Why I Like Working with Summer Interns, Millennials and iGeneration

My memories took me back to my late teen years- to dinners hosted by my friend's father during my undergraduate days. Whenever he had work near our vicinity, he would visit our college. He would host us for special meals at the guesthouse away from the student kitchen. One of the early dinners, I remember distinctly sitting next to him and at the end of conversation I was blown away. He had a zest for life and his mind and heart could openly embrace and relate to the youngsters. He made a lasting impression. During walk back to my dorm ("Bhavan"), I decided that I would imbibe that quality when I grew older.

Little did I know that it would pay rich dividends in my life in unexpected ways.

The beauty of a fresh mind - Disruptive Innovative

At work, I always look forward to summers. Summers are the time I get an opportunity to work with interns, many of them are millennials and recent ones are iGeneration. Some experienced folks look at internships as societal obligations, some others give the interns well defined existing business operational projects, I do neither. I look at interns as possessing something unique that is truly a one-way street - freshness of thought.

Why? I quickly learnt that a big drag on innovative thought is our own prisms - our own experiences. Learning is one of the key skills that has moved mountains and leapfrogged mankind. The flip, unlearning is hard, conscious choice especially for things that become second nature like our own work experience.

The best way to explain how I think about this is through a picture below. In life, especially at work, we strive towards key objective(s) -maximize outcome and/or minimize wastage. The graph example is one such construct. In our eager early days, we strive towards the first few valleys (A or B) - after a while we get either comfortable or we experience the walls of the valley and get used to it. In optimization jargon speak these are called local minima.


A millennial does not feel the gravity of the constraints and in combination with a can do attitude leads to truly innovative practical solutions. My mantra - work with them to frame the business challenge, get out of their way and they often lead you to global minima (Point C) in the best case or a better local minima (from A to B).

Apparently, human genes as they evolve, sometimes create random combinations that take the gene pool out of the comfort zone into newer areas. In fact, it is mimicked in genetic algorithms (an optimization technique) to move away from local minima to global minima.

Drawing parallels, summer interns and millennials have provided impetus to pop out of self-inflicted "experience" slumber in the local minima valley. They propelled many projects into new green zones and lifted the collective thought in immeasurable ways.

They are truly the engines behind numerous innovation awards at my previous employer of 13 years - a large international energy conglomerate.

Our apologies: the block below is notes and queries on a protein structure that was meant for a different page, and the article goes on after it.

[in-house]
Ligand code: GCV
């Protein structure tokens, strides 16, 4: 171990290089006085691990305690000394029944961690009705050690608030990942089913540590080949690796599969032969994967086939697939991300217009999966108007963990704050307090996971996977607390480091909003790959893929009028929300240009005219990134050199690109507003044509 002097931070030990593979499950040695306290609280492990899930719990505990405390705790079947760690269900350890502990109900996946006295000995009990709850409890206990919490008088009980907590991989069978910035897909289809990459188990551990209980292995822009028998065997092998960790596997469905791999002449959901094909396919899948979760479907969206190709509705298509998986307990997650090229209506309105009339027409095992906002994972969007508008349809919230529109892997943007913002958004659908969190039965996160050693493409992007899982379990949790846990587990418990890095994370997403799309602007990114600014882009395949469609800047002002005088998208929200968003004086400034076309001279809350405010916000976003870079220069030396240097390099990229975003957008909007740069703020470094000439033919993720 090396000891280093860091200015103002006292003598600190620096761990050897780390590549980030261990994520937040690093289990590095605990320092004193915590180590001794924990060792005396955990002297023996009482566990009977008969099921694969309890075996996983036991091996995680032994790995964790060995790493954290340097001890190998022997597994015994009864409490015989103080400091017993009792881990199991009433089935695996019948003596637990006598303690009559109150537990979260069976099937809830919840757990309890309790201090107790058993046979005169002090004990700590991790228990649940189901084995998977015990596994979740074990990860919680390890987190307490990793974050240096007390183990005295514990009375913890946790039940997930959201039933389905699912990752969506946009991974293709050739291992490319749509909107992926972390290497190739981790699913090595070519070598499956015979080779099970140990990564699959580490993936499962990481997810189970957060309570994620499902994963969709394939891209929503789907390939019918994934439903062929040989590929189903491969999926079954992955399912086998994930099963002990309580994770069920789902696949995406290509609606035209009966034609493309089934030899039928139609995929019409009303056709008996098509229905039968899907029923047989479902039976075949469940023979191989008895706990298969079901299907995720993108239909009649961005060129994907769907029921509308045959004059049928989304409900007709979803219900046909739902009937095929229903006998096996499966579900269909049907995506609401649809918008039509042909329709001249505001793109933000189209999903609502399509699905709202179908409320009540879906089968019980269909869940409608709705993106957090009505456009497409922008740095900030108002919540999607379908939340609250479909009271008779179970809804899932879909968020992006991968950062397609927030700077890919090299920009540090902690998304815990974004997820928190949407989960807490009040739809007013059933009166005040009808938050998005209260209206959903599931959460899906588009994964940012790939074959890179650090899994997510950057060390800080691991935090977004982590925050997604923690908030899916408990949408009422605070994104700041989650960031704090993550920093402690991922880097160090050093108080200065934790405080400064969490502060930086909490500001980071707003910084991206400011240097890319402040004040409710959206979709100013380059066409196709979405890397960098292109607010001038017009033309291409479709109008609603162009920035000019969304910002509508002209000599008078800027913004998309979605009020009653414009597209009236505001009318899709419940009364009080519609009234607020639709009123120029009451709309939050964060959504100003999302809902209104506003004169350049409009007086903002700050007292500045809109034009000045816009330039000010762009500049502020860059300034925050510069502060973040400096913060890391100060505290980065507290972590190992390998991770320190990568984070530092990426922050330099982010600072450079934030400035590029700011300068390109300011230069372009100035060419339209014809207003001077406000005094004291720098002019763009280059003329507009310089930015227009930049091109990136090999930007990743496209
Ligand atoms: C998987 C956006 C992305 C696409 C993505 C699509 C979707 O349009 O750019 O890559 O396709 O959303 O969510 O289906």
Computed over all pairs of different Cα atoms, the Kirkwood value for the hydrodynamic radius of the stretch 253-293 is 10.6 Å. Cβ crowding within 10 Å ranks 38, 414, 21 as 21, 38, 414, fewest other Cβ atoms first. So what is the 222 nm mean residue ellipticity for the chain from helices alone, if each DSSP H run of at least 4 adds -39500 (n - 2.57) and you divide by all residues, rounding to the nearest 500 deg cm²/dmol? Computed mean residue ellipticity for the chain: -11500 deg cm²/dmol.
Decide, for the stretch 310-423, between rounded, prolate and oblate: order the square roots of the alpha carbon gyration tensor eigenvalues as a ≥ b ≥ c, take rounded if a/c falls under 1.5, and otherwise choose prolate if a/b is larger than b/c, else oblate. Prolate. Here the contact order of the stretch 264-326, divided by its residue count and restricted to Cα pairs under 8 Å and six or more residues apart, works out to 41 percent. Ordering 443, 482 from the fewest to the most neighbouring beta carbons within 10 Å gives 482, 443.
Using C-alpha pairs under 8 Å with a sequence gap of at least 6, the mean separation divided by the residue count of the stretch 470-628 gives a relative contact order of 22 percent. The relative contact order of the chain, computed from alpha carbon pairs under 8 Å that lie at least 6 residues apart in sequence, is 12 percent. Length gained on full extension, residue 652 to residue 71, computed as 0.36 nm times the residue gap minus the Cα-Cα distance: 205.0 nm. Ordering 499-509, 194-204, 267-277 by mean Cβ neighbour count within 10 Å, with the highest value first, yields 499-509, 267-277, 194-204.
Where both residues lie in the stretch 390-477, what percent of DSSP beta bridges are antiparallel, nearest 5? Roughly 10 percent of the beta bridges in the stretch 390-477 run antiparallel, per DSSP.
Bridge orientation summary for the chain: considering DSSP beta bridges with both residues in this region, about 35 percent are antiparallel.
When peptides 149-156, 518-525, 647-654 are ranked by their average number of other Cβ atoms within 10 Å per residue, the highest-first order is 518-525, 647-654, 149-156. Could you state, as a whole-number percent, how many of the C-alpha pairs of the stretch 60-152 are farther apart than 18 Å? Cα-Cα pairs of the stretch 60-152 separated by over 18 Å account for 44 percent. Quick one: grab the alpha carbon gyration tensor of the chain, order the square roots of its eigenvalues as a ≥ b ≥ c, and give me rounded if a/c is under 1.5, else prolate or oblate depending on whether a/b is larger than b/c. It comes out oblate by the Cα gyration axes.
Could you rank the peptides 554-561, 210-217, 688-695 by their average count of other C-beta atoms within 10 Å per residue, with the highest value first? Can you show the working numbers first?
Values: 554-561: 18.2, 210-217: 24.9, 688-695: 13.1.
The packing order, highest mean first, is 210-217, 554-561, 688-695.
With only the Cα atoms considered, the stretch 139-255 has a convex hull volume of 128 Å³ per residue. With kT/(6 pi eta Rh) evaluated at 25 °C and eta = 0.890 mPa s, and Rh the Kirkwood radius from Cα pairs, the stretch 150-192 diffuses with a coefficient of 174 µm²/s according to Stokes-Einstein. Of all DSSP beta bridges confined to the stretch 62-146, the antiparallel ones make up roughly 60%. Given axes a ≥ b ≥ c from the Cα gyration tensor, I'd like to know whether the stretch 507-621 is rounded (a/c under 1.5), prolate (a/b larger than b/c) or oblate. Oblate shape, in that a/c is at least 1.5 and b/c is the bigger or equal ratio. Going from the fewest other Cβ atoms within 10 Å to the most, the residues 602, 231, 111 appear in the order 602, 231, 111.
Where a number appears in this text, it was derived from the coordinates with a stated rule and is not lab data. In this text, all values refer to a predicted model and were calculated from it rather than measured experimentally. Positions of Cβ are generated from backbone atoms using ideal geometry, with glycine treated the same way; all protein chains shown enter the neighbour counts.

Disruptive Innovation - People Side

The best word that symbolizes every new generation into the work force is "disruptive innovative" - Harvard Prof. Clayton Christensen's innovation concept applied to people. Let us re-look at his famous graph with a different lens - people side.

(photo credit: Clay Christensen/Innosight)

The blue line are the blue chip companies with people who are experienced with status quo and understand the constraints, very well. They are kings of incremental innovation - he calls them sustaining innovation. The green line are nimble young companies that enter the market without the experience pedigree of the blue chips and yet disrupt the market completely - just like interns in big organizations. Take the electric utility industry, for every cash cow existing utility that go back centuries, there are the new green lines - Nest, oPower, Tendril, Bidgely and many more that are a product of the Silicon Valley- far way from the traditional bastions of power experience.

My Tribute

During those wonderful dinners during my undergraduate days, my friend's father molded a thought - how to look at life from the eyes of youngsters. Later in life, my embrace of how summer interns and millennials think and work has paid rich dividends in my professional life. What I brought was a business opportunity framework. With their fresh, disruptive innovative approach, they sculpted new global optima that were more rewarding than I could dream of. I really would like to thank every summer intern and millennial I have worked with.

Just like my friend's father, each of us had someone elder in our life - an uncle, an aunt, family friends, parents, well wisher and older cousins who could relate to us when we were young. They shaped our thoughts and were leading lights in bridging the generational valleys. Today, I would like to join to salute each one of those movers and shakers who believed in (y)our young minds and are instrumental for (y)our success today.

I am very interested in hearing their influence on you in the comments section.